Quinton Edwards is representing a small investment bank that wants to invest £25m in the sector by backing a successful management team. The bank will put up 85-90 per cent of the money and will have no controlling interest in the business.
"People are fed up buying property and getting five-to-six per cent returns and would rather look at garden centres, which have higher risk but the potential upside is far greater," said Quinton Smith, who has completed some 500 garden centre and nursery deals in his career
The main changes he has seen in the past 25 years are that garden centres have got substantially bigger and more diverse, moving away from plants to catering, gifts, Christmas and concessions. He added that leaseholds have become more prominent, something he believes is not good for the industry and should "only be done on your terms, not on your landlord's terms".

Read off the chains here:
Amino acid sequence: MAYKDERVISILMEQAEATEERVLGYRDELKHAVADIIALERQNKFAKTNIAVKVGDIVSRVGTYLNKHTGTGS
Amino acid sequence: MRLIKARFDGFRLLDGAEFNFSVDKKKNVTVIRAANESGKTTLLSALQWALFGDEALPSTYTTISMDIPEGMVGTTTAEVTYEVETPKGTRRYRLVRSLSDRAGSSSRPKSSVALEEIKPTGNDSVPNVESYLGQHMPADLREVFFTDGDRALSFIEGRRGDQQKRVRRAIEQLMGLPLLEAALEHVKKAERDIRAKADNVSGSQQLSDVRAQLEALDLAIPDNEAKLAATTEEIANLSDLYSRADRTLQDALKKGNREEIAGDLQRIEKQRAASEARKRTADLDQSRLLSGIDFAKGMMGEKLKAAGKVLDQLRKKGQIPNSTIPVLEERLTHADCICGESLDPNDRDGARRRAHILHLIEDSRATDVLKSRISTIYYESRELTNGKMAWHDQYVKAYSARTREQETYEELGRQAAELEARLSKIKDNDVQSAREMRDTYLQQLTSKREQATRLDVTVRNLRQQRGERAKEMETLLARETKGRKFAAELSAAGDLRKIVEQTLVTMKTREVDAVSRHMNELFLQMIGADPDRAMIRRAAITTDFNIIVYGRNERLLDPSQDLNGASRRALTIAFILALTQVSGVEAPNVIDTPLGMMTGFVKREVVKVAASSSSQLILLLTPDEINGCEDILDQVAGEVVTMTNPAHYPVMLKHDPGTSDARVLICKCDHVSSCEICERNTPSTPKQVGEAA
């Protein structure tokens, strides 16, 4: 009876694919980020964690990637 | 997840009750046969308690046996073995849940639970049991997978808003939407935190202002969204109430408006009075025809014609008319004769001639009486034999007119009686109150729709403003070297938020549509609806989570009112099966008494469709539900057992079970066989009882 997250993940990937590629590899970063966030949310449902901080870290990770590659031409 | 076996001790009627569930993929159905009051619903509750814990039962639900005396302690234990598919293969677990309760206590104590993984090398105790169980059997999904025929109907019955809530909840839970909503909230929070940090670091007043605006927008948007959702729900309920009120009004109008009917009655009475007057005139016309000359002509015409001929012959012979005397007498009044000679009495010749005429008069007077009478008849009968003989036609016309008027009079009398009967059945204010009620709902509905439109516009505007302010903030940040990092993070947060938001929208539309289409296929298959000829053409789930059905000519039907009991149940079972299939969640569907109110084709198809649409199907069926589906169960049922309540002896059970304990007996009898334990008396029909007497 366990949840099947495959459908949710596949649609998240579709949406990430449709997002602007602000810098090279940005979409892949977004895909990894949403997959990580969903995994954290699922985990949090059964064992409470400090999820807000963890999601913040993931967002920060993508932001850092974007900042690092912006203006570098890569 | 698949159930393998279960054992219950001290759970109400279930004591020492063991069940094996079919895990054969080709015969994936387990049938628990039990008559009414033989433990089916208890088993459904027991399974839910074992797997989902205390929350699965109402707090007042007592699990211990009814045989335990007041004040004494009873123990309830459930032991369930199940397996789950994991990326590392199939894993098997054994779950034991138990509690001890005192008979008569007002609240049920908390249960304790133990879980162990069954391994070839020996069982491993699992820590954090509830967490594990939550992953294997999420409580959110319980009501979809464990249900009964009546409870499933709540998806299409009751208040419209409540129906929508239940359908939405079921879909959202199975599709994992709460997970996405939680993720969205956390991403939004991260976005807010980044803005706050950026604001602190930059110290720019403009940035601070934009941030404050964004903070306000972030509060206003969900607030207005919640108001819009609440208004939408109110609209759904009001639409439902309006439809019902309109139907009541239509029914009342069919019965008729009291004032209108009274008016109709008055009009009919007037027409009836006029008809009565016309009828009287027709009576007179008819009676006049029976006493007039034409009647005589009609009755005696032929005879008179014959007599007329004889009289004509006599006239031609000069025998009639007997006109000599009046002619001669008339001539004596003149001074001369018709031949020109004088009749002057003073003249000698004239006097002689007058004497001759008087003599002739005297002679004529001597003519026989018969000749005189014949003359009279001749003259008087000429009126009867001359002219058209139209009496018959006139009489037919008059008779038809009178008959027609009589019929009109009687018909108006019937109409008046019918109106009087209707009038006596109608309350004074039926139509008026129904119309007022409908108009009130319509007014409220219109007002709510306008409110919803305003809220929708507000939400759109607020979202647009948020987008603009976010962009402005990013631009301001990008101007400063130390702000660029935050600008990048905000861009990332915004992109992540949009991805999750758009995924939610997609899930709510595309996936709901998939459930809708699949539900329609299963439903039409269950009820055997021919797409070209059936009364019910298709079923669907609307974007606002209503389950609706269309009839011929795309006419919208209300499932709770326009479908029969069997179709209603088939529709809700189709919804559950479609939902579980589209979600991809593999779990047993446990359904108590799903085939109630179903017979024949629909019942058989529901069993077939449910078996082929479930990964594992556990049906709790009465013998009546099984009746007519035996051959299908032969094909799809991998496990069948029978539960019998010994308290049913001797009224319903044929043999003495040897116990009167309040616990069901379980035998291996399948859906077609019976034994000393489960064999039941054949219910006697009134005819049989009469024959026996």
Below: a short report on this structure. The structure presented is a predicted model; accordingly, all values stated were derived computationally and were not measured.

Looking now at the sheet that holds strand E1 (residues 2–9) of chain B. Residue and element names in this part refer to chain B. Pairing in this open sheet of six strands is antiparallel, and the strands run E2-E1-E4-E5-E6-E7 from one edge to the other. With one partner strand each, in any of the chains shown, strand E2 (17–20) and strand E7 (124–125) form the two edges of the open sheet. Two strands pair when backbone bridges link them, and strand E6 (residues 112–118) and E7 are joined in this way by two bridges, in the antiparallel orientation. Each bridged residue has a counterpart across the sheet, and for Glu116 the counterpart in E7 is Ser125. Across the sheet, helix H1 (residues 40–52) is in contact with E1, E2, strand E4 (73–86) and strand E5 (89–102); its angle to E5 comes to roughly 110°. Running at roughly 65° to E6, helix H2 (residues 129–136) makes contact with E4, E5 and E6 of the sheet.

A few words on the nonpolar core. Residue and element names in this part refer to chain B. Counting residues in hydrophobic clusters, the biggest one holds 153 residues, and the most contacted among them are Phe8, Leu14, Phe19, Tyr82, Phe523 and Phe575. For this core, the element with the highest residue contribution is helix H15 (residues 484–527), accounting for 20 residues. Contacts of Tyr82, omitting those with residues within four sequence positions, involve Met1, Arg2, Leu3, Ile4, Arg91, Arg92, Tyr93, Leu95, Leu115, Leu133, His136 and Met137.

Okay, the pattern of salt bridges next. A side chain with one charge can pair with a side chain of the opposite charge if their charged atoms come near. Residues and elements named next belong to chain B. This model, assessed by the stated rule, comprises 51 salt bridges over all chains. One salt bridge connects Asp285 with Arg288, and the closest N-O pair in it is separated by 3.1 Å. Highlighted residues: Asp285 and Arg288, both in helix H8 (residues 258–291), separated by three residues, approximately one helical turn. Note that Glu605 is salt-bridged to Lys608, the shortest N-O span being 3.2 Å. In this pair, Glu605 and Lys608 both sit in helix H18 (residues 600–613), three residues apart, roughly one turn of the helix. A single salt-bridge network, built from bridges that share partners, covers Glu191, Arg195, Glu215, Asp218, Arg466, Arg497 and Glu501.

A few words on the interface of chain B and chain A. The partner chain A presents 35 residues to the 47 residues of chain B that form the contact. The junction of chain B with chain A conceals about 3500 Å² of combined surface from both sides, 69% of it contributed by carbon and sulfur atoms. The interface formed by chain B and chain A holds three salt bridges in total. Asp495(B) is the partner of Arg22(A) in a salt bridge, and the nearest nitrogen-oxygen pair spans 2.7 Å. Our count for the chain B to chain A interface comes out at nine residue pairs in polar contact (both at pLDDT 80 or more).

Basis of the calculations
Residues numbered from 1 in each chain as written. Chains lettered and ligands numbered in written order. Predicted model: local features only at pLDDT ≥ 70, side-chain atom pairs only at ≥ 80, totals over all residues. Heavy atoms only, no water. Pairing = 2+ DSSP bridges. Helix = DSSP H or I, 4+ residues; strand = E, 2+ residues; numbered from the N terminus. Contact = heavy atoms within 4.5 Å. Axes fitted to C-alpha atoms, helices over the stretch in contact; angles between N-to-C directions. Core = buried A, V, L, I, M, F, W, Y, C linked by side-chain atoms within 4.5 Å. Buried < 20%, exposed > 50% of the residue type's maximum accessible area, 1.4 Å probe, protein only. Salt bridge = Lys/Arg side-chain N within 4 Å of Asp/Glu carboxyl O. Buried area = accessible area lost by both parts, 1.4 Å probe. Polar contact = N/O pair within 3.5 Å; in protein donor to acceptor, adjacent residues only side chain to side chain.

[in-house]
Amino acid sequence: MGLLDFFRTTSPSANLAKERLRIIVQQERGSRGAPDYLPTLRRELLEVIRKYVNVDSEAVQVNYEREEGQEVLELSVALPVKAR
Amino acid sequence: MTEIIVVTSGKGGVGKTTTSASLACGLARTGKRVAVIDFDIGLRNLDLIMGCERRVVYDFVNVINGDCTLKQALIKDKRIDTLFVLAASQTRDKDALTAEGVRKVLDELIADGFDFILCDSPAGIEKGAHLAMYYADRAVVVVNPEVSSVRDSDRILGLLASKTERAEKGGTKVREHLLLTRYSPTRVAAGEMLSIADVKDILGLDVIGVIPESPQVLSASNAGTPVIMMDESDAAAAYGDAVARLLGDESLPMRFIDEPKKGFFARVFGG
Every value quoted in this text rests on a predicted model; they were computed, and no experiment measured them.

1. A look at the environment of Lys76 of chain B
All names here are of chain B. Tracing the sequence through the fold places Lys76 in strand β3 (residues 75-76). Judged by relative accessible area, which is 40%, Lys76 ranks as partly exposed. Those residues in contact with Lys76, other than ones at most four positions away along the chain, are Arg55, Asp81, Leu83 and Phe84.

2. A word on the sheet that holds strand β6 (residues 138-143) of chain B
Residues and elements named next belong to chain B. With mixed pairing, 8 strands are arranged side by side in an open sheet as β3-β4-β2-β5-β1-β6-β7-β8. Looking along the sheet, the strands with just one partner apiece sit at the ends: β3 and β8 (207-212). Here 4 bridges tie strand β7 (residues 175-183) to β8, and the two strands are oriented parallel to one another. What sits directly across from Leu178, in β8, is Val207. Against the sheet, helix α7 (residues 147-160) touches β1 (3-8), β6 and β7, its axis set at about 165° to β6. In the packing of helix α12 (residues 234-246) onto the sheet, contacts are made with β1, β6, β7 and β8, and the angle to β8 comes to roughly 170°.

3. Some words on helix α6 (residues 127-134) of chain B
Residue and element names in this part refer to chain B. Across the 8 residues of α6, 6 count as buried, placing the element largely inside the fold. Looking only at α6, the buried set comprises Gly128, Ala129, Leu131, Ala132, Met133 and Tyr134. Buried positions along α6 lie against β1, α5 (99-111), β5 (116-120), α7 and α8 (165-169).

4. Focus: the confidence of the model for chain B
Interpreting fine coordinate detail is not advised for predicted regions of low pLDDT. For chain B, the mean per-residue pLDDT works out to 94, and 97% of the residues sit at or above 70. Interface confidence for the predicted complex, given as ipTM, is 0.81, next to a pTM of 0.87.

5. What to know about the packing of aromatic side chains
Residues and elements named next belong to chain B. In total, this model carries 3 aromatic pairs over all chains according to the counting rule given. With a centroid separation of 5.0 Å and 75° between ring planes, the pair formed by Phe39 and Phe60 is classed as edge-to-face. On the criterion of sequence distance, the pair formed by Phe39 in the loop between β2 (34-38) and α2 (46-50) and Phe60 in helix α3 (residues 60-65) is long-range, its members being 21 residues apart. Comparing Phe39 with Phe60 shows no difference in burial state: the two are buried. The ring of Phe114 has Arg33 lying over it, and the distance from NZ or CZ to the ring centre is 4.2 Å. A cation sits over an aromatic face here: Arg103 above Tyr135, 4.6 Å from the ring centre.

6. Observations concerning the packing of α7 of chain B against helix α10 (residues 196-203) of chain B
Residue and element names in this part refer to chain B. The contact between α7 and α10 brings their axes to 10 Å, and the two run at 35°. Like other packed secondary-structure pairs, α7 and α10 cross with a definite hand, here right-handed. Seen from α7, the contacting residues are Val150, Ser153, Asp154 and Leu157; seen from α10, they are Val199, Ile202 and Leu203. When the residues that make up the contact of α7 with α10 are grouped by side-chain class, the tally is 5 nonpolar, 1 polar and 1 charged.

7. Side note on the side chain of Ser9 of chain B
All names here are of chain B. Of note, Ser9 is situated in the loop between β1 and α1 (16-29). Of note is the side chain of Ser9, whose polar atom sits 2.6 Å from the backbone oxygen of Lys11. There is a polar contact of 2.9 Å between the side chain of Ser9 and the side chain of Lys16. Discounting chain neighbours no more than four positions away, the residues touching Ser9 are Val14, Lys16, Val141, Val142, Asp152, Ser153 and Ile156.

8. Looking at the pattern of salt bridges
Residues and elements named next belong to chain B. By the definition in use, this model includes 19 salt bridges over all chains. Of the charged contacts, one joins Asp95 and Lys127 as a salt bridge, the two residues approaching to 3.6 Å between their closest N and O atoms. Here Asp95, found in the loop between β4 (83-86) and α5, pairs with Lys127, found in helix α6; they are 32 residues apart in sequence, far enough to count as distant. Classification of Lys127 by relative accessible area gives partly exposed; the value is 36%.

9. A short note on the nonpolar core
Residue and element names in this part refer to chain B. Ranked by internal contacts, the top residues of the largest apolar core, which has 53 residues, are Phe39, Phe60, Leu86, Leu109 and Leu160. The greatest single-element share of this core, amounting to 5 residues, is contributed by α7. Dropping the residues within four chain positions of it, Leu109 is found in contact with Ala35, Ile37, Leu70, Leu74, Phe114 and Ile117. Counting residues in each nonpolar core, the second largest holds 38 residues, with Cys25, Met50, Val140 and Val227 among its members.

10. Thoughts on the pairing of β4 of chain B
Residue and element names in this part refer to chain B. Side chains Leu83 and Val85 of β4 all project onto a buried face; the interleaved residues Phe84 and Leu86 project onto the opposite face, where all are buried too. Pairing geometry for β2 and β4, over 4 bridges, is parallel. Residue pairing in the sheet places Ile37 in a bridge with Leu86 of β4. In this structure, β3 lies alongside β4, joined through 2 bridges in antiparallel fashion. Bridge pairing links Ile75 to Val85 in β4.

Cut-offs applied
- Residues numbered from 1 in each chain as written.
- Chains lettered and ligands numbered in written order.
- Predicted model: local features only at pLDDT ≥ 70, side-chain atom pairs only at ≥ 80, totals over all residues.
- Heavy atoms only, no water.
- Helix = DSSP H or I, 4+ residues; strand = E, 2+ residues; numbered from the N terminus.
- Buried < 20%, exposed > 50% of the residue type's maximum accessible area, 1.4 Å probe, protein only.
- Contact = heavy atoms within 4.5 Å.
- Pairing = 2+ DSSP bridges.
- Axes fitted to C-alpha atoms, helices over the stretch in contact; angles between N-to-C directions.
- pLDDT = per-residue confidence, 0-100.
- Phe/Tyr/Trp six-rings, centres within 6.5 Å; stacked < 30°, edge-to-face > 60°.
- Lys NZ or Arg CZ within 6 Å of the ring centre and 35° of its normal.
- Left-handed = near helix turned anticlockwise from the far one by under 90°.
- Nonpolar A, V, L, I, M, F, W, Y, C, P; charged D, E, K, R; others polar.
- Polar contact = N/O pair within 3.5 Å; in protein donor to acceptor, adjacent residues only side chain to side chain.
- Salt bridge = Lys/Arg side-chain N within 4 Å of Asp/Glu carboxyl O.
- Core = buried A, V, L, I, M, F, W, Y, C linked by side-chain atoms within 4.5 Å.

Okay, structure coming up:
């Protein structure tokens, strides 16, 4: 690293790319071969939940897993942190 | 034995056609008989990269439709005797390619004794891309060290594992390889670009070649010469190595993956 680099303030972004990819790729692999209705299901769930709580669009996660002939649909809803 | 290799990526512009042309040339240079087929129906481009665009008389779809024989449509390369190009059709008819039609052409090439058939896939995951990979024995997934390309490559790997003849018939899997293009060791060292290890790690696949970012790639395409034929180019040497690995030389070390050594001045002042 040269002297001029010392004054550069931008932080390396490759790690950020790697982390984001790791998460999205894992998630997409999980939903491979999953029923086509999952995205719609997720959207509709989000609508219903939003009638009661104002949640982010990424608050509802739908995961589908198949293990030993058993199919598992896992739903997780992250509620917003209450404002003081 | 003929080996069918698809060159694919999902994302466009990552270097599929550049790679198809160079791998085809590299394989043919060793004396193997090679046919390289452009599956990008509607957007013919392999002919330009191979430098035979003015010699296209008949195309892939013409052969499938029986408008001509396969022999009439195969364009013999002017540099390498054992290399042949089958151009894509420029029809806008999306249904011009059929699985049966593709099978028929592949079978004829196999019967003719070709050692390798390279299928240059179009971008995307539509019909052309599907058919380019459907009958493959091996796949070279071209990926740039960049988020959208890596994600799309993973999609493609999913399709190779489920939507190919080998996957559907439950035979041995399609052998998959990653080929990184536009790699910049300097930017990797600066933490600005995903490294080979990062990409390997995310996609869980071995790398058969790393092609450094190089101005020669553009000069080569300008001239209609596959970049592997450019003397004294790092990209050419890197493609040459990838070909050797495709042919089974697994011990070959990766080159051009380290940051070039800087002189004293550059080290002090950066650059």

But Quinton Smith said he does not believe that there are more groups now than 25 years ago, with "the only one that has really grown hugely is Wyevale". He said the "biggest success story is Klondyke", which emerged out of nowhere in the 1990s.
"In the future there will be still more consolidation by the groups and there will be some investment coming into the industry from outside, which will allow more groups to grow."
Hillview Group, and a new company headed by Neville Prest and Charles Good, are examples of new interest from funds and private banks bringing new money into the industry.